I am moving to Disney in 6 days –I’m so not ready- and I won’t be around my doggies for several months. So every post I think of, I start, and then realize I should save it for my dry spell. Like a blogging camel.
So I have works in progress about dog health, behavior, and just why they’re awesome. In addition, I’m hoping to do some work involving animals other than dogs while I’m away. If it’s anything interesting, you’d better bet I’ll tell you all about it. (Hint: I’ve already requested to shadow caretakers at Animal Kingdom!)
Anyway, I had a post written before last weekend, but didn’t have time to post it before rushing off to Tallahassee to watch my boyfriend graduate (congrats to him!!). But, here we are, finally a post! (Complete with some atrocious pictures of my sister and I as well as some adorable pictures I have gratefully borrowed from Pinterest. Each image links to the website from which I borrowed it. I take no credit for the images. If you are the rightful owner of an image, let me know and I will gladly give due credit or remove the photo.)
My good friend Shalini just wrote a response to an awful article some sad excuse for a human being wrote about why having kids made this woman stop loving her dog. I’d give you the URL, but I’m sure she’d be thrilled to get more views. (If you really want it, you can find it in her post.)
When I read the original “article” (an awfully nice term for that pile of crap), I feared for the woman’s husband. For her children. If she stops loving her dog when she has kids, does she really still love her oldest kid and her husband? But Shalini brought up a point I never even thought of – what is she raising her kids to believe?
That animals are expendable. That these kids are the center of the universe. That everyone around them should change their lives for the sake of the soon-to-be-spoiled-brats. Fantastic. I was just thinking we needed more people like that.
I am not the mother of a human. And I’m not saying I could do a better job. But… I could do a better job. Seriously. I’ve seen animals be better mothers. Especially dogs. Again, I have major respect for most parents – your jobs are hard and you rock for doing what you do. And I know you don’t want to listen to a “non-parent” give advice, but please hear me out: If I ever have kids, I will still have pets (and obviously will still love them, too). There are more reasons than I could ever list, but essentially, dogs and children just go.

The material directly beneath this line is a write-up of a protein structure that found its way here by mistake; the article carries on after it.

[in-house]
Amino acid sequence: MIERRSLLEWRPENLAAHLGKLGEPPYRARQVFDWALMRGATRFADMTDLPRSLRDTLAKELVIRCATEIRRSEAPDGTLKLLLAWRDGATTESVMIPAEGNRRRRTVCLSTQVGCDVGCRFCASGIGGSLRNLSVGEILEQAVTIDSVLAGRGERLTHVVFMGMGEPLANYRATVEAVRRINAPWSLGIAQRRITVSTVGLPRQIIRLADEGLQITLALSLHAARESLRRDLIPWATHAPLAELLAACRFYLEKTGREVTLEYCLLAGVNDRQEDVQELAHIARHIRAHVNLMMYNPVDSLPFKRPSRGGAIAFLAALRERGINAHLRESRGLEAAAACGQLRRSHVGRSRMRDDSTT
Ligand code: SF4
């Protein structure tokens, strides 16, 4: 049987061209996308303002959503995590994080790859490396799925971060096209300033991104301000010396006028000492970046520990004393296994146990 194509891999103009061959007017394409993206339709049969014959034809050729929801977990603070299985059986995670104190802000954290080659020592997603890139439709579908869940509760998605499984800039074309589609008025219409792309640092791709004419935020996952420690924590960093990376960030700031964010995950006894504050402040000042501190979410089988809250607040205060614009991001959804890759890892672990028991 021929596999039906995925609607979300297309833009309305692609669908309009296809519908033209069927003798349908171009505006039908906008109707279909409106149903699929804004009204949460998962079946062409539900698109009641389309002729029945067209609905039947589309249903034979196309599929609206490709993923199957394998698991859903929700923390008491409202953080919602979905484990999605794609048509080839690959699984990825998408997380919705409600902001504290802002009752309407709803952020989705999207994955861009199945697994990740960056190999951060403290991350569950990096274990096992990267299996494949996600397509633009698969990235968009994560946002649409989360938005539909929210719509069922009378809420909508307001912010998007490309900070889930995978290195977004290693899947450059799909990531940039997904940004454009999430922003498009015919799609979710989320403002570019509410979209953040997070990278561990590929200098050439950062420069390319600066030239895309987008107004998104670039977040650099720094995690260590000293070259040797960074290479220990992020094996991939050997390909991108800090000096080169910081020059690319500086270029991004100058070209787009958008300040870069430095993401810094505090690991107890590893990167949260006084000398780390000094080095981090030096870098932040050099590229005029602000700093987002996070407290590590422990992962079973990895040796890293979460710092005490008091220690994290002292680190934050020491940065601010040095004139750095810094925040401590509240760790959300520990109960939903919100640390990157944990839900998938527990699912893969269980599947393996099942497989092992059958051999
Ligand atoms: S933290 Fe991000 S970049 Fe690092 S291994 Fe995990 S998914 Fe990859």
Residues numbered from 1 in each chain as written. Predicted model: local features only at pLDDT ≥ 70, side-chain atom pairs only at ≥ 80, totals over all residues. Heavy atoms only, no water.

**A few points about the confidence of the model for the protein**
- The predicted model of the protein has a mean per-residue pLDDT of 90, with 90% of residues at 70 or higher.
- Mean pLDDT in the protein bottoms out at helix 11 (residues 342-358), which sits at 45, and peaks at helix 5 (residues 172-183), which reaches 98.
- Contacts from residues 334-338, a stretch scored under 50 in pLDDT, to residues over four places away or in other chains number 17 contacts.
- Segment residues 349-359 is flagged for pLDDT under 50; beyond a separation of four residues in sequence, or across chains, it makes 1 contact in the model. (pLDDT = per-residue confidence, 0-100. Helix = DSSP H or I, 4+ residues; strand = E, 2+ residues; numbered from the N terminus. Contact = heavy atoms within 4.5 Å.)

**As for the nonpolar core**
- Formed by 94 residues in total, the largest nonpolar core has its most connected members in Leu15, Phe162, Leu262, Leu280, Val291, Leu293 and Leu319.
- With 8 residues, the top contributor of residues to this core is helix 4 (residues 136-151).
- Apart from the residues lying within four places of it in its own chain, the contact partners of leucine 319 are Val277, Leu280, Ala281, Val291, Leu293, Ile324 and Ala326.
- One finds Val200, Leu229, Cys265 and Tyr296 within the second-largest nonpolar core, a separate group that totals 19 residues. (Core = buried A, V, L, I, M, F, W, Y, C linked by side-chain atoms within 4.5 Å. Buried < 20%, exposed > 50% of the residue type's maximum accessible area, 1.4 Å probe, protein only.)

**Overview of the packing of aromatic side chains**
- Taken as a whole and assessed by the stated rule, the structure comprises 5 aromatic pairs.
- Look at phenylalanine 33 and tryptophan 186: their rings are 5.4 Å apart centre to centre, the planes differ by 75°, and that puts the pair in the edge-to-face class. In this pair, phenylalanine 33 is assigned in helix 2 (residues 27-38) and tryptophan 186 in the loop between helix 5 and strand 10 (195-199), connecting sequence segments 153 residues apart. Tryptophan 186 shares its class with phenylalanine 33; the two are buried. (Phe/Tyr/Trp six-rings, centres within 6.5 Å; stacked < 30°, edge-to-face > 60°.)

Animals teach children about unconditional love. When kids go through that awkward I’m-a-teenager-and-absolutely-insufferable-to-be-around phase, their dog is there for them. If a kid is bullied for being heavy, handicapped, a reading level behind, pale, gay, whatever, their dog is there for them. When they experience their first heartbreak and don’t want to talk to their parents about it, their pets with listen without judgment, and kids know it. I have no shame in admitting that my parents’ dog was my best friend by the end of high school.
Pets teach kids to care for someone, whose only possible gift in return is gratitude. They teach responsibility. Stability. Long term commitments. If you choose to rescue, kids can witness the inside of a shelter, and what it means to save a life.
Pets exemplify the circle of life. Kids can experience, in a comparatively short time period, the playful puppy, the confident adult dog, and the needy senior. As sad as it is when a pet dies, at some point we’re all going to experience life and death, and understanding it is probably important.
Pets can teach kids about diversity. Different animals have unique appearances, behaviors, and personalities. And whether you have one dog or a pack, living with animals can help children grasp the complicated ideas behind social orders. Hierarchies exist within the dog world as well as the human world. Observing how every individual falls into place within a family or pack can show kids a concept that is difficult to explain, and even more difficult to comprehend.
Pets can teach kids about work ethic. Tell a kid a search and rescue dog’s job is to find missing people, that seeing eye dogs hold the lives of human beings in their paws, or that horses helped to build this nation before cars and trains, and surely they have to feel some sense of awe and respect. If that’s too big of a concept, just showing them how eager dogs are to please their owners with tricks can demonstrate work ethic.
Dogs are caretakers. True, they should be supervised with children, but many a dog has saved a child’s life. When I was little, our Labrador Retriever, Tinker, saved my sister and I from a snake. Didn’t you know? All snakes are deadly. Years later, I wrote about her in an essay contest with the theme of loyalty and I won a $300 scholarship to college. Her fidelity stuck with me.
Basically, what I’m saying is this: My parents put in a lot of hard work raising my sister and I, but the animals we were around helped to raise us, too.
I know I’m preaching to the choir, but I sincerely hope parents think twice about abandoning their animals after having children. If you do, not only are you hurting your animal, and the animal who has to die to make room for them in the shelter, you are teaching your children that pets don’t matter. That family isn’t permanent. That your love is not unconditional. And you’re taking away a million chances at life lessons that kids with pets learn early on.
Dog is man’s best friend. That includes kids. That’s just a fact.